The Great American Smokeout, an annual day that encourages people to quit smoking and sponsored by the American Cancer Society, is set for Thursday, Nov. 21. 

According to a press release, the society is encouraging all smokers to put down their cigarettes and try quitting, if only for the day. 

With a recent outbreak of lung injuries relating to vaping, “it might be a good day for users to kick that habit as well,” it was stated in the press release. The same strategies and tools for quitting cigarettes work for quitting the vaping habit as well. 

Participation in the Great American Smokeout can be a way to kick off a lifetime free from tobacco and nicotine addiction. 

According to the press release, many changes happen in a smoker’s body when they stop, and some will begin to heal right away. However, quitting may not be easy. Many tobacco users need to make multiple attempts before the succeed in kicking the habit. 

One of the most commonly chosen methods of quitting is “cold turkey” and is also the least effective method, accoding to the press release. Abstaining from all tobacco products is a key part of most attempts to quit but adding some support and making a plan can lead to higher rates of long-term success.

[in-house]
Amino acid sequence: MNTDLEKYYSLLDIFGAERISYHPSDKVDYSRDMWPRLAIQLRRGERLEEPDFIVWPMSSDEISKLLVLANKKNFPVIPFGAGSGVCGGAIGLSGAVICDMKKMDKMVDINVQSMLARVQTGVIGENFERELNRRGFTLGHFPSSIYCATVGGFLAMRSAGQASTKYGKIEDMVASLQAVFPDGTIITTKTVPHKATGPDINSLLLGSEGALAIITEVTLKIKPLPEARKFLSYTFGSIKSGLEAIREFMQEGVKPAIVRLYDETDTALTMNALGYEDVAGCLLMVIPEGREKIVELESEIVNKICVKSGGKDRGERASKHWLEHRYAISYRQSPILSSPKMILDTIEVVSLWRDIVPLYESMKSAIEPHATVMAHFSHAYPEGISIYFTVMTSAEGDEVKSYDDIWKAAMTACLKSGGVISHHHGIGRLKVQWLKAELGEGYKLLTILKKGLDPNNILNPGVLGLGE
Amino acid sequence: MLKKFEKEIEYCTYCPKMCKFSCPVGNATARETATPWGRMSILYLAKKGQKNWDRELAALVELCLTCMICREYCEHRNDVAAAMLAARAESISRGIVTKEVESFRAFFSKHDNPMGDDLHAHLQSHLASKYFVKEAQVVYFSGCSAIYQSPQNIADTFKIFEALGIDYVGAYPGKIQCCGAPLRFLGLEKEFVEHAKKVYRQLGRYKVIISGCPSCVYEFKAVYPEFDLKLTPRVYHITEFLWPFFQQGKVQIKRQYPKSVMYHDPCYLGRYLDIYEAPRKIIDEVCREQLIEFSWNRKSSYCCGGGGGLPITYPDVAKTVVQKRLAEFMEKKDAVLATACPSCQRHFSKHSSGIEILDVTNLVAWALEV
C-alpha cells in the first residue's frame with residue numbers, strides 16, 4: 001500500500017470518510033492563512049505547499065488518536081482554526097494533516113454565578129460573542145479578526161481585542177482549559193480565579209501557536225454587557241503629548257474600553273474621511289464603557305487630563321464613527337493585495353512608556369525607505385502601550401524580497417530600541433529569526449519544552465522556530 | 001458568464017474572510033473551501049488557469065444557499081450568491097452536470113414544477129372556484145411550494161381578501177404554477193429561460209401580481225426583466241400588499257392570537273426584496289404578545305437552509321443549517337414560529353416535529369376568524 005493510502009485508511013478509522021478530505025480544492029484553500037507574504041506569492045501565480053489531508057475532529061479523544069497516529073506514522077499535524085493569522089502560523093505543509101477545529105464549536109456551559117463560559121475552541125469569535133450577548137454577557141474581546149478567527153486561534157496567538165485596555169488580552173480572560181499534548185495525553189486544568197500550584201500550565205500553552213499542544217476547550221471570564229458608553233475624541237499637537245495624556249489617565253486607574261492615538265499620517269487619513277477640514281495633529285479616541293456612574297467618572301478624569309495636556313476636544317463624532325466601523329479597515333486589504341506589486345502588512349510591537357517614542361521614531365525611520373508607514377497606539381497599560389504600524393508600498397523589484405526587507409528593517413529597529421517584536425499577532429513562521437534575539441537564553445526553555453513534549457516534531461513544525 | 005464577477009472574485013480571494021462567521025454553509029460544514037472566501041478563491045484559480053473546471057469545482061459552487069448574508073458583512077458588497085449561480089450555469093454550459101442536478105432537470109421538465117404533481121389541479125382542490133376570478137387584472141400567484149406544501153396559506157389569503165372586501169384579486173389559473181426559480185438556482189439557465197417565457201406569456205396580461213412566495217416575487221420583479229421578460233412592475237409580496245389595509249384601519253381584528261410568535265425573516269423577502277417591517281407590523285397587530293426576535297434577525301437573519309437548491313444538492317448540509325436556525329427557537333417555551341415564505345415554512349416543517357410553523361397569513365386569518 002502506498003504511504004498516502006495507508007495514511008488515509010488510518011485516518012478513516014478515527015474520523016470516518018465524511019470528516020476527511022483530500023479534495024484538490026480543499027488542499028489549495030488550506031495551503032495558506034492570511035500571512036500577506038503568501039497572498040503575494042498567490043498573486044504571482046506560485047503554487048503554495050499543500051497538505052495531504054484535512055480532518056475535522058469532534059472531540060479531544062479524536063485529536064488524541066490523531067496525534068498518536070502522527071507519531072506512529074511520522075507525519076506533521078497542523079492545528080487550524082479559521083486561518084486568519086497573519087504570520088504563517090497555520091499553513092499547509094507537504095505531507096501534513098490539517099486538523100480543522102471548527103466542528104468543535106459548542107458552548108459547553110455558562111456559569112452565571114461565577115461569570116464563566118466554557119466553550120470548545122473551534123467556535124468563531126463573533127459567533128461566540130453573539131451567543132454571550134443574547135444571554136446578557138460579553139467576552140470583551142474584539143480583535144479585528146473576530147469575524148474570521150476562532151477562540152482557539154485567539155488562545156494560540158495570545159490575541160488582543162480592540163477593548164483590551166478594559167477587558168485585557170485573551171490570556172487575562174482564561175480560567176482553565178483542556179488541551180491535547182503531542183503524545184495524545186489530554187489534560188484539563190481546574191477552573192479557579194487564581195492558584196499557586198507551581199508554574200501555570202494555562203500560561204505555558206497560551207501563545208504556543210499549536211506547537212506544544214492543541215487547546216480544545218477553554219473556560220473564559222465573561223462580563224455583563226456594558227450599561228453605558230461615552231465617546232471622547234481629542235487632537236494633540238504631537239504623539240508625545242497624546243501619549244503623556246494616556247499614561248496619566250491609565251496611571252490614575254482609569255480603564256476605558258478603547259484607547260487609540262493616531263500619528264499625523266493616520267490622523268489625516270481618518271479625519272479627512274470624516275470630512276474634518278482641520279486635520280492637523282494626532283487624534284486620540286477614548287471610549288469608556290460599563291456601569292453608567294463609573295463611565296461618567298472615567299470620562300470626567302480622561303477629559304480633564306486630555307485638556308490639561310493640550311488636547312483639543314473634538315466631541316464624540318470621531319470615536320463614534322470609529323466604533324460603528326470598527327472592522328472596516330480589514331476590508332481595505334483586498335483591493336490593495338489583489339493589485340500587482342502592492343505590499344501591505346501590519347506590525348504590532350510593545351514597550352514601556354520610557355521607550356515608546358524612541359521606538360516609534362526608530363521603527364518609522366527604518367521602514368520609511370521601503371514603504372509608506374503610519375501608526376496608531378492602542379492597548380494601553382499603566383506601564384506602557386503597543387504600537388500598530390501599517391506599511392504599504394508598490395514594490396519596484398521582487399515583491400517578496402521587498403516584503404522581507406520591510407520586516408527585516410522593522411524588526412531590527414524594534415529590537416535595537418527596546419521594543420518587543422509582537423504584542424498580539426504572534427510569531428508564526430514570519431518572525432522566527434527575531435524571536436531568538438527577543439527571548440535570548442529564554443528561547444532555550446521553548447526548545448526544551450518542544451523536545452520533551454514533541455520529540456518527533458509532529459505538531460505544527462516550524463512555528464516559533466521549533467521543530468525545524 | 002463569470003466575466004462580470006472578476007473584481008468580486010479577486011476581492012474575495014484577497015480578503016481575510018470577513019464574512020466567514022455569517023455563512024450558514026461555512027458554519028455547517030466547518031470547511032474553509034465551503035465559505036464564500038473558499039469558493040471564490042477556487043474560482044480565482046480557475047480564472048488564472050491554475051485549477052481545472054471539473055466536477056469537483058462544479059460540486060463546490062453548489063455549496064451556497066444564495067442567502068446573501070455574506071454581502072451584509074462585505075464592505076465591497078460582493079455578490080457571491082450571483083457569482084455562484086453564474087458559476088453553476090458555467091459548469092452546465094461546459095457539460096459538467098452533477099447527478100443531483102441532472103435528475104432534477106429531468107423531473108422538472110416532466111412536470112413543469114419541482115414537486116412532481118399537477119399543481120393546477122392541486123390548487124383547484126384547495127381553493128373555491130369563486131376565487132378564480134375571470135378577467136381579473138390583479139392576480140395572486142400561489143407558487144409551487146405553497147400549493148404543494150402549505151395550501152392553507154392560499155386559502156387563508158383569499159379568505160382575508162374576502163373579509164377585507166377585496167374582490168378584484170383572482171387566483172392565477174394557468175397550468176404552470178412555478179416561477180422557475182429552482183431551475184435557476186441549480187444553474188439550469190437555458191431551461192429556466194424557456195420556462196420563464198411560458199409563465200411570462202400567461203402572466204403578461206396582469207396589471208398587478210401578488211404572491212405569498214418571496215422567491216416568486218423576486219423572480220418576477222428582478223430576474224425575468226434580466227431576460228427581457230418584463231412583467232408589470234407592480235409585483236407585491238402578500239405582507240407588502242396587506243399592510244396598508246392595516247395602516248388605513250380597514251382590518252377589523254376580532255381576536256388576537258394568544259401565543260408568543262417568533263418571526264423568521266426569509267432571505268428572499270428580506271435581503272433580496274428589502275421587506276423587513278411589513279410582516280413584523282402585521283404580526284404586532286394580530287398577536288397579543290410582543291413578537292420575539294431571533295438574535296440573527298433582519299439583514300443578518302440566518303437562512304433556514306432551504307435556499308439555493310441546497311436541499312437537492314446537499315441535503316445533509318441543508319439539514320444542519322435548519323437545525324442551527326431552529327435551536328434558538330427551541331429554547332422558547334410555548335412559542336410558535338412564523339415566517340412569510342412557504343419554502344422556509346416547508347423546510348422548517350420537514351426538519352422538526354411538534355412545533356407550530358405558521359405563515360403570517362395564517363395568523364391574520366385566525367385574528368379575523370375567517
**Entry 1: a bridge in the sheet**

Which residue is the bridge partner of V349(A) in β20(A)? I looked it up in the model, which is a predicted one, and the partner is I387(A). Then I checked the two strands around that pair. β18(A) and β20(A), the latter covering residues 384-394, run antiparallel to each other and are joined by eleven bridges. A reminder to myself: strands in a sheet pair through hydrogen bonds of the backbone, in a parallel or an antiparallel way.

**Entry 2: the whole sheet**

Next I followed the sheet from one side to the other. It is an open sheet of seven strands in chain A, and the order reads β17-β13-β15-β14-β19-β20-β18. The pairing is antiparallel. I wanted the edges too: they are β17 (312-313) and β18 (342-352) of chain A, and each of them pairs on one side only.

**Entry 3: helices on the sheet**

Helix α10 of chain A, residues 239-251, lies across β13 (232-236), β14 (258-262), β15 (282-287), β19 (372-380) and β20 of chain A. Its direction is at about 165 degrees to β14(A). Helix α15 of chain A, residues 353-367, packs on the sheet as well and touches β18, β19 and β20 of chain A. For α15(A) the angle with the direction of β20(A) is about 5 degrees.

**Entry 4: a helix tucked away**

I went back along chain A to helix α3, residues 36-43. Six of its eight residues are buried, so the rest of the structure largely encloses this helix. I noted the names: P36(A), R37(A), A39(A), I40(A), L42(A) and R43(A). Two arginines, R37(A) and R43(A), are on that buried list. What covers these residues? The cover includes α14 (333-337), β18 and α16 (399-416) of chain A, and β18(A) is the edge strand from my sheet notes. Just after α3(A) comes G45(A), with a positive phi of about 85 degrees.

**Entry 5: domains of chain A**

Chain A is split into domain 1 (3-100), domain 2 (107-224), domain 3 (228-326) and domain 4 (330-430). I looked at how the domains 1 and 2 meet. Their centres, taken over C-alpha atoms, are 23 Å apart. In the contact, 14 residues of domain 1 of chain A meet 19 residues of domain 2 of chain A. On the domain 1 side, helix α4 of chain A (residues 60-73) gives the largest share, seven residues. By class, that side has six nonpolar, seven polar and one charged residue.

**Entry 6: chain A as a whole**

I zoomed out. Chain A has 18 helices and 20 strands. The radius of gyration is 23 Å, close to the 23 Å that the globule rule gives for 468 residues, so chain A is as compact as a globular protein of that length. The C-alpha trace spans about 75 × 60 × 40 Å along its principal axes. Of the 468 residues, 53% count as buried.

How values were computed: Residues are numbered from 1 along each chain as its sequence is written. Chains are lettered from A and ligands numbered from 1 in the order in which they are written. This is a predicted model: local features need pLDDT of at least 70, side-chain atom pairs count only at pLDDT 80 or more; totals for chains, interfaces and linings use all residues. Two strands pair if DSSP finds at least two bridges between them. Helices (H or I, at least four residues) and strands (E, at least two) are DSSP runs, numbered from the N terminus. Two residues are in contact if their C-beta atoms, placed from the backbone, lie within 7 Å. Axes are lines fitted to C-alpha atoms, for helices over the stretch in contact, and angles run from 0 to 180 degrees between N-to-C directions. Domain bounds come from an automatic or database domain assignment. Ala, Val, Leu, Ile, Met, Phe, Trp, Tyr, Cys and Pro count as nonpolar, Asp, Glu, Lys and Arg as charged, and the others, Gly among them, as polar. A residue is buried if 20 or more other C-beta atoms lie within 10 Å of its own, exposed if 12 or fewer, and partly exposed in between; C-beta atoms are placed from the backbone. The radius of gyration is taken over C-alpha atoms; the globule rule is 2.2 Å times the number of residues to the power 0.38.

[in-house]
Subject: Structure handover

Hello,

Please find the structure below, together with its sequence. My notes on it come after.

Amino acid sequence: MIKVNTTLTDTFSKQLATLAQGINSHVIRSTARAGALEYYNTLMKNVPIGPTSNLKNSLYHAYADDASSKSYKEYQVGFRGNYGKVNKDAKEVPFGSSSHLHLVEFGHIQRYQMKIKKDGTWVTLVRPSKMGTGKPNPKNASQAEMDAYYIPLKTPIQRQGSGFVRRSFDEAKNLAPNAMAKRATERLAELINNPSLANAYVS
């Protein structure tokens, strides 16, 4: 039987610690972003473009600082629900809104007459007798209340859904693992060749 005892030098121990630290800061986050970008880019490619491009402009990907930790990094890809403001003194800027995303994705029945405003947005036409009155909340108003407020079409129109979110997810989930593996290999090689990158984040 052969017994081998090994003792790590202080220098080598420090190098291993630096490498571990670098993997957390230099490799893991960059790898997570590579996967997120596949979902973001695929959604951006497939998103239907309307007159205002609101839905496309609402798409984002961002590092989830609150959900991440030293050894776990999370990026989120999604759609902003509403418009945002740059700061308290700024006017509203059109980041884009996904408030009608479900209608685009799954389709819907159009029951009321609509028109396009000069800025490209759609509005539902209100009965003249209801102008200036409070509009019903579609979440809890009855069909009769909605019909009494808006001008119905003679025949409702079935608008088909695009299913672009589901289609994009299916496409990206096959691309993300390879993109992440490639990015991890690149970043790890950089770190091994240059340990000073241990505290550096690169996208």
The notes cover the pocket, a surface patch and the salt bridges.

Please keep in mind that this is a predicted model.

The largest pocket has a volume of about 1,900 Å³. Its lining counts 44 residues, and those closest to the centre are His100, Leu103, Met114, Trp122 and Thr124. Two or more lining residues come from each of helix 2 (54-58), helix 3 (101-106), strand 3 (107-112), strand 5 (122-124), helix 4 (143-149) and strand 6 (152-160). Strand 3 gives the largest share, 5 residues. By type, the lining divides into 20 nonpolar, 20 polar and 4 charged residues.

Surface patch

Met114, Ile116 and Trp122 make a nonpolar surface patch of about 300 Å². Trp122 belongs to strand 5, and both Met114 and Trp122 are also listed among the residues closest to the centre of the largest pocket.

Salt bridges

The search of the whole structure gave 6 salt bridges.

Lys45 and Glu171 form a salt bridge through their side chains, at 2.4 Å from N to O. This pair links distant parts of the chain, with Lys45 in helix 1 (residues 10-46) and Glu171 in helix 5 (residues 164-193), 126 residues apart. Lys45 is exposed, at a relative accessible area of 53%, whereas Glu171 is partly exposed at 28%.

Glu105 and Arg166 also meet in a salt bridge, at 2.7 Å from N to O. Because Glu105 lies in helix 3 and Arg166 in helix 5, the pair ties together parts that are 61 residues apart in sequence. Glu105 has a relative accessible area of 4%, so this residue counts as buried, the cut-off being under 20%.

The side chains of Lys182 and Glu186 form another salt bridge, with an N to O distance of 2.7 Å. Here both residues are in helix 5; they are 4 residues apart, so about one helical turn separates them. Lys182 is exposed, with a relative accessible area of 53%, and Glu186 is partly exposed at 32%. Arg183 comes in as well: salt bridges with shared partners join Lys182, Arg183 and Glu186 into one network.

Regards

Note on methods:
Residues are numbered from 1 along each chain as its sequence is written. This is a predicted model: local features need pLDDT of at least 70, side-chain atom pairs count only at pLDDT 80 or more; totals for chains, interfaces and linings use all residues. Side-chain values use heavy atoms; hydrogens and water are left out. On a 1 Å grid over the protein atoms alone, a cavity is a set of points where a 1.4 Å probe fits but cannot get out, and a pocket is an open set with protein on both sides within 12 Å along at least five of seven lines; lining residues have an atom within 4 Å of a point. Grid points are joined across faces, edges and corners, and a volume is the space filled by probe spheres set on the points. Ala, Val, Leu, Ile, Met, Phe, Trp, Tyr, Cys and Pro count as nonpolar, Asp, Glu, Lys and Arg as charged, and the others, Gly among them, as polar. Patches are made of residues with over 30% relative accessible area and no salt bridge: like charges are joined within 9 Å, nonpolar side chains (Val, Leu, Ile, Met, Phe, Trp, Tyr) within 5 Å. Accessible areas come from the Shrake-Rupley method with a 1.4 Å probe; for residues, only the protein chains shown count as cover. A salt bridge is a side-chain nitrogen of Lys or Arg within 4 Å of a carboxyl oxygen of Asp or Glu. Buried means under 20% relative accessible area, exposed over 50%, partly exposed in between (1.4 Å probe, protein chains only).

Smokers who combine nicotine replacement (patch, gum, lozenge, etc.) with medication and support are most likely to remain tobacco free, according to numerous sources, it was stated in the press release.

The American Cancer Society offers a number of strategies to help (available in both English and Spanish) at or

There are also resources such as which offers text-based programs, apps and information for veterans, women and Spanish speakers, among others.

There is also the California Smokers Helpline, 1-800-NO-BUTTS, which offers free phone counseling in both Spanish and English. 

“No matter what method you choose, quitting smoking or vaping is a great way for anyone to improve their health and wellbeing,” it was stated in the press release.

For information on local resources to quit in Glenn, Butte or Tehama counties, contact Bruce Baldwin, tobacco treatment coordinator for the California Health Collaborative at or 345-2483 ext. 206. 

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